Instead of paying extra for a GPS every time you rent a car, buy your own on eBay or something. It was going to cost me hundreds of euro to upgrade my GPS-maps with USA-maps for instance. So I went on eBay and bought a used, simple TomTom GPS from a US seller, cost me about 20 dollars with postage and everything. I use it all the time now, and updating maps online is free. If you want extra features it’s still cheaper than updating maps on a european GPS. And it doesn’t have to be the latest and fanciest model either.
Another saving-aspect of renting a car, is that I sometimes choose to sleep in the car instead of paying for a hotel room. It all depends on the time of year and where I’m going. But I bring a small fleece-blanket and an inflatable pillow and sleep in there. Saves me a hotel night. But that’s only if it’s for one night. Otherwise I get a hotel or a hostel because I still want to be able to take a shower.
Trains are a good option also, especially in the UK. Cheap, fast and most of the time comfortable and convenient. You get directly to the city center – which saves you airport transfer costs. And it’s pretty fast. If you get the night-train, those are usually the cheapest tickets, and you have saved on a hotel night.
Where to check for train info? Again, all depends on where you’re going. Google is my best friend. In Germany it’s Deutsche Bahn www.db.de. In the UK it’s http://www.nationalrail.co.uk/
Same thing with buses. If you arrive by plane, just check the airport website which bus-lines operate from there and onward.
And contact the venue to ask them for the best way to get there and how. They are usually helpful.
Flights then? That’s a whole jungle, but my main tips are:
Avoid searching for flights between Friday-Monday. That’s then it will be most expensive. Search Tuesday, Wednesday, Thursday – and try travelling when not everybody else is. That means, in the middle of the week, very early in the morning (just make sure that there is transfer to the airport, that can sometimes be an issue in some cities) or late in the evening. This will give you the best deals. Also, plan ahead. The more a flight sells out, the more expensive the ticket’s gonna be.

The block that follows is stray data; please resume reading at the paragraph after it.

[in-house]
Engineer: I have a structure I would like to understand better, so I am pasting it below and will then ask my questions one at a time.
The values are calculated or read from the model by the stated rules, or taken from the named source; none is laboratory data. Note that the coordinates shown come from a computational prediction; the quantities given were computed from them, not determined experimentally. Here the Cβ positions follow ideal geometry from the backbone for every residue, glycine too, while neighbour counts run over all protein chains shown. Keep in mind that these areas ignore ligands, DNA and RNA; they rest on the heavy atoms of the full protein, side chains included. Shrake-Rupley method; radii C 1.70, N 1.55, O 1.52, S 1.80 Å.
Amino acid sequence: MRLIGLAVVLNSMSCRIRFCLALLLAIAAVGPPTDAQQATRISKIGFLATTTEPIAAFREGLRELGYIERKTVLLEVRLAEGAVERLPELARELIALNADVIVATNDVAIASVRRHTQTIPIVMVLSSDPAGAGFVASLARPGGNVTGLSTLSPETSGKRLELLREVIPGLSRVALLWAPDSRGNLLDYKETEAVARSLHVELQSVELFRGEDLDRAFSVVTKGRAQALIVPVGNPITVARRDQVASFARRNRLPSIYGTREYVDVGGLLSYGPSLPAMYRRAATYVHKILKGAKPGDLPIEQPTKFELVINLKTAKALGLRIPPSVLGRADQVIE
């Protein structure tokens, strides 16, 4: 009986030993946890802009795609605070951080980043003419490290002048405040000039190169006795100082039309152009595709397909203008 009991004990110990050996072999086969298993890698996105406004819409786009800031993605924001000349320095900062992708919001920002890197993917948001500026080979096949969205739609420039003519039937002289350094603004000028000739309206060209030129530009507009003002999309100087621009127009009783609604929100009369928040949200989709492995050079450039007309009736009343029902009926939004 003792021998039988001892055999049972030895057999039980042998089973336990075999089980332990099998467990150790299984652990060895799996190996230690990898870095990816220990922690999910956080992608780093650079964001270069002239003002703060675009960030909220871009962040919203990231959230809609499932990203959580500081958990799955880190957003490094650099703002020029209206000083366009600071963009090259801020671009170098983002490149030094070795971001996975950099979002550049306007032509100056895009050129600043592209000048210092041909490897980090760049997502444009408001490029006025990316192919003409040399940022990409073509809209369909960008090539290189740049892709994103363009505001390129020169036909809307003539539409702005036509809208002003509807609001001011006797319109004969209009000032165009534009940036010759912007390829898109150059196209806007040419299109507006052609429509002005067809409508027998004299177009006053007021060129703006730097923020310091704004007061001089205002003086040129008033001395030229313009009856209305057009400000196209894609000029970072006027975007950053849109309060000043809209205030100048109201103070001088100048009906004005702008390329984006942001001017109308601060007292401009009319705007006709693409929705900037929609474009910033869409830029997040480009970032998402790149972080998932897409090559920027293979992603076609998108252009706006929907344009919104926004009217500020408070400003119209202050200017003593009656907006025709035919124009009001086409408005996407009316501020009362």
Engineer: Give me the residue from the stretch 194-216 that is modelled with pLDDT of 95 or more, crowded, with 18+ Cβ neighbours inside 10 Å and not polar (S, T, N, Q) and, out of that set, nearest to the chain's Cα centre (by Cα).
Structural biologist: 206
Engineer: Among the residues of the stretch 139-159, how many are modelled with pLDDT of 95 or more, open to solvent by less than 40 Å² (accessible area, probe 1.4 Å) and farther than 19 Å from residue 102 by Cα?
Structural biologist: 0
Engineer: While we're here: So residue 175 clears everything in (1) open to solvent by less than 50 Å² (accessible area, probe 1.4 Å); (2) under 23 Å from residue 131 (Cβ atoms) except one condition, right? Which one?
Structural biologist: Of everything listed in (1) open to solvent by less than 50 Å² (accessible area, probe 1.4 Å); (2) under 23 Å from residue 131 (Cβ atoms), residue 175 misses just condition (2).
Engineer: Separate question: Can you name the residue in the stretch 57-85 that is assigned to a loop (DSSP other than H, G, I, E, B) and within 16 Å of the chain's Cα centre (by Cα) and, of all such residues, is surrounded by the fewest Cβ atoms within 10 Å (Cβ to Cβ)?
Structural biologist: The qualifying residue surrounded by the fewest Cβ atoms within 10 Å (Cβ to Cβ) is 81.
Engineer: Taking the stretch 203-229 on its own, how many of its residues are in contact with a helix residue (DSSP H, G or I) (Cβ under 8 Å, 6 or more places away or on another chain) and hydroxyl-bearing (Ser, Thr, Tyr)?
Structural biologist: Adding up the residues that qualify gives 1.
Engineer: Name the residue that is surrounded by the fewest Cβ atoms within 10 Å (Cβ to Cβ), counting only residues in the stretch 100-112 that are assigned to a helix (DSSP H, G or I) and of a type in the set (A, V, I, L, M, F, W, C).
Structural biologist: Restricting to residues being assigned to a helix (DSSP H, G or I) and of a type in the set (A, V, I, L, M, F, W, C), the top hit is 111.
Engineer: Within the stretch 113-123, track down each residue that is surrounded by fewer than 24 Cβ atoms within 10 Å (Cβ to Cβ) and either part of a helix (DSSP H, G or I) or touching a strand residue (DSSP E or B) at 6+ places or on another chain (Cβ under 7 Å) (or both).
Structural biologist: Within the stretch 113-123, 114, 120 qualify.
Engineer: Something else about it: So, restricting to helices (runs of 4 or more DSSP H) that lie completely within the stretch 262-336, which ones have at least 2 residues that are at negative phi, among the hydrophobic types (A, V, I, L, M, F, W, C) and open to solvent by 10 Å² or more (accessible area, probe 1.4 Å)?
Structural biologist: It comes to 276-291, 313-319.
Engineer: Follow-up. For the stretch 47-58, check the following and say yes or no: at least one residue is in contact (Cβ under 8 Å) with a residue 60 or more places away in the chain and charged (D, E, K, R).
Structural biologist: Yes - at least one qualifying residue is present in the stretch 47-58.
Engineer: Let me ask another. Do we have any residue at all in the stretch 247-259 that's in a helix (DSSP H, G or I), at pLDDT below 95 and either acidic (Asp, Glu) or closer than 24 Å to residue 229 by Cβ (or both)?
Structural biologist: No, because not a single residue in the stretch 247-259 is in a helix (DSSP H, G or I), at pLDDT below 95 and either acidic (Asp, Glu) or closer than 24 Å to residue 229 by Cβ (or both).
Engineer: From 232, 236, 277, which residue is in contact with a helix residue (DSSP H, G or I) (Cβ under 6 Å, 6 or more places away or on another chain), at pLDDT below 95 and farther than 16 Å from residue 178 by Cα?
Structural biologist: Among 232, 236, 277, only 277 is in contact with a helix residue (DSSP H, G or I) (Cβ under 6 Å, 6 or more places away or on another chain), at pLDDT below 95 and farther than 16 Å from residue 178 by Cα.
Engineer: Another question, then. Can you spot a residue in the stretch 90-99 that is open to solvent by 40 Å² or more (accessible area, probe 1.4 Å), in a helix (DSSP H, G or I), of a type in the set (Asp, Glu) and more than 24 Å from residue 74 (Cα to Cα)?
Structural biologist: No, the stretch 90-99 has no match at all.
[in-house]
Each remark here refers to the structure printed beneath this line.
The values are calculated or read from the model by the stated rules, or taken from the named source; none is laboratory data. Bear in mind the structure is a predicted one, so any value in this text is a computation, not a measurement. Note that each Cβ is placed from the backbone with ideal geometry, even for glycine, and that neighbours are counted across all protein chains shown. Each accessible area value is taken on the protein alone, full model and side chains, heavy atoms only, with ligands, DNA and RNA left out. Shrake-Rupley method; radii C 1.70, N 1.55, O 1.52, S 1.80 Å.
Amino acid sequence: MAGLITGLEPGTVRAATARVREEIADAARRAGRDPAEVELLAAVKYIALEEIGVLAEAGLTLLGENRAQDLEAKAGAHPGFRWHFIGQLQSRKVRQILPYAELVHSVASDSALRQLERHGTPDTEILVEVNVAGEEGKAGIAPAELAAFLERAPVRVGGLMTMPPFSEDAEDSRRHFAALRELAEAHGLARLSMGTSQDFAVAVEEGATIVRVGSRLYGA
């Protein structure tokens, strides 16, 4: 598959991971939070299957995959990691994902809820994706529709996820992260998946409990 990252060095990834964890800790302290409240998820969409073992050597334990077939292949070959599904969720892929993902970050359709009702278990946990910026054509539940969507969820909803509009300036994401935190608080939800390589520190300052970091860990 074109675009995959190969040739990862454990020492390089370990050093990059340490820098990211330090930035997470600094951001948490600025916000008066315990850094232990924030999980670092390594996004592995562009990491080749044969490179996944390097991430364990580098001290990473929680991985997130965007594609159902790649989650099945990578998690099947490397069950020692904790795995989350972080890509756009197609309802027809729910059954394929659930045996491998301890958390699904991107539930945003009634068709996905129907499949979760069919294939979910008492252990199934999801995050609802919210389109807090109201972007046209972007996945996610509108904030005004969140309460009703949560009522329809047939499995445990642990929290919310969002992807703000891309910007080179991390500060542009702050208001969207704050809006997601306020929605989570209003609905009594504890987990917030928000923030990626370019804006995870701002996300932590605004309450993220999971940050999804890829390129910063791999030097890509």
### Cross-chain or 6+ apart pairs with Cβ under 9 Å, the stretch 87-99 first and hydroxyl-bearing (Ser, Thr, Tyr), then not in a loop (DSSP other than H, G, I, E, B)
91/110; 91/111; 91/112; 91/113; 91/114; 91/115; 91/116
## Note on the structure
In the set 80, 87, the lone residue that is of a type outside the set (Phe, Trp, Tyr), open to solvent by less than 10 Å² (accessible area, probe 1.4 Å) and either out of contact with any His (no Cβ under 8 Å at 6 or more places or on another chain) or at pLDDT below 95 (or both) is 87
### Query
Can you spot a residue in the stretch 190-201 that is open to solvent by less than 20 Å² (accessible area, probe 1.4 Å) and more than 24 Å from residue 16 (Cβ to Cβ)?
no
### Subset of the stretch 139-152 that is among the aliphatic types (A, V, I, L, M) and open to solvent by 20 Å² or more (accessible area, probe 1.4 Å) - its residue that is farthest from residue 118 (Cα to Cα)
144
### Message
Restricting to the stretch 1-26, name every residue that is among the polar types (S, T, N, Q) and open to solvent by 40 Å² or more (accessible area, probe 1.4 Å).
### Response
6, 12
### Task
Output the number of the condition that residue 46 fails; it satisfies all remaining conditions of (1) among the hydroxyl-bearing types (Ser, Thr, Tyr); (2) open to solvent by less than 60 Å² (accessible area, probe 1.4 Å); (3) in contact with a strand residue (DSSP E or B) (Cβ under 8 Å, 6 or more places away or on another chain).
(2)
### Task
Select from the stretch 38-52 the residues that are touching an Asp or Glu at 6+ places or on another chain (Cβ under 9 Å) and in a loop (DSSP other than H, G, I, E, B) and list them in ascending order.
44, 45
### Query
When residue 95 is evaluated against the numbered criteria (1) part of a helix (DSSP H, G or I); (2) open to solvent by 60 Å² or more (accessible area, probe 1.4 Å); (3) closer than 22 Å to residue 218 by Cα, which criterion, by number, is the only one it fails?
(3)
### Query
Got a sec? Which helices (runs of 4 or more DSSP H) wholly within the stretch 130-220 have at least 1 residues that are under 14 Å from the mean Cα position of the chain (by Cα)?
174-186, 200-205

Enrolling in a frequent flyer program is free, but you can get many benefits. Earning points is an easy way to getting either a discount on your trips or even free flights, depending on how often or how far you fly. If you have an opportunity to choose a credit card with the program it’s even easier to collect miles.
I’ve got an American Express SAS Eurobonus card for instance. That means that every time I use the card to buy anything – groceries, go to the movies, anything at all, I get points. So last year I redeemed 3 free trips within Europe thanks to that. And I was only buying what I needed to buy on a daily basis anyway. So, check if the main airline that you’re travelling with has a similar option, it will save you money in no time.
Even if you use a search engine that compares prices, also try two-three similar services because the prices can still vary. Also try the airlines’ own websites and compare the same dates and destinations.
Phew, there’s a lot to think about – but the bottom line is, you can travel without getting broke, if you’re just smart and find your own ways to save a buck or two. And there is more where that came from, so stick around for the next travel-blog…
Written by Daniela P.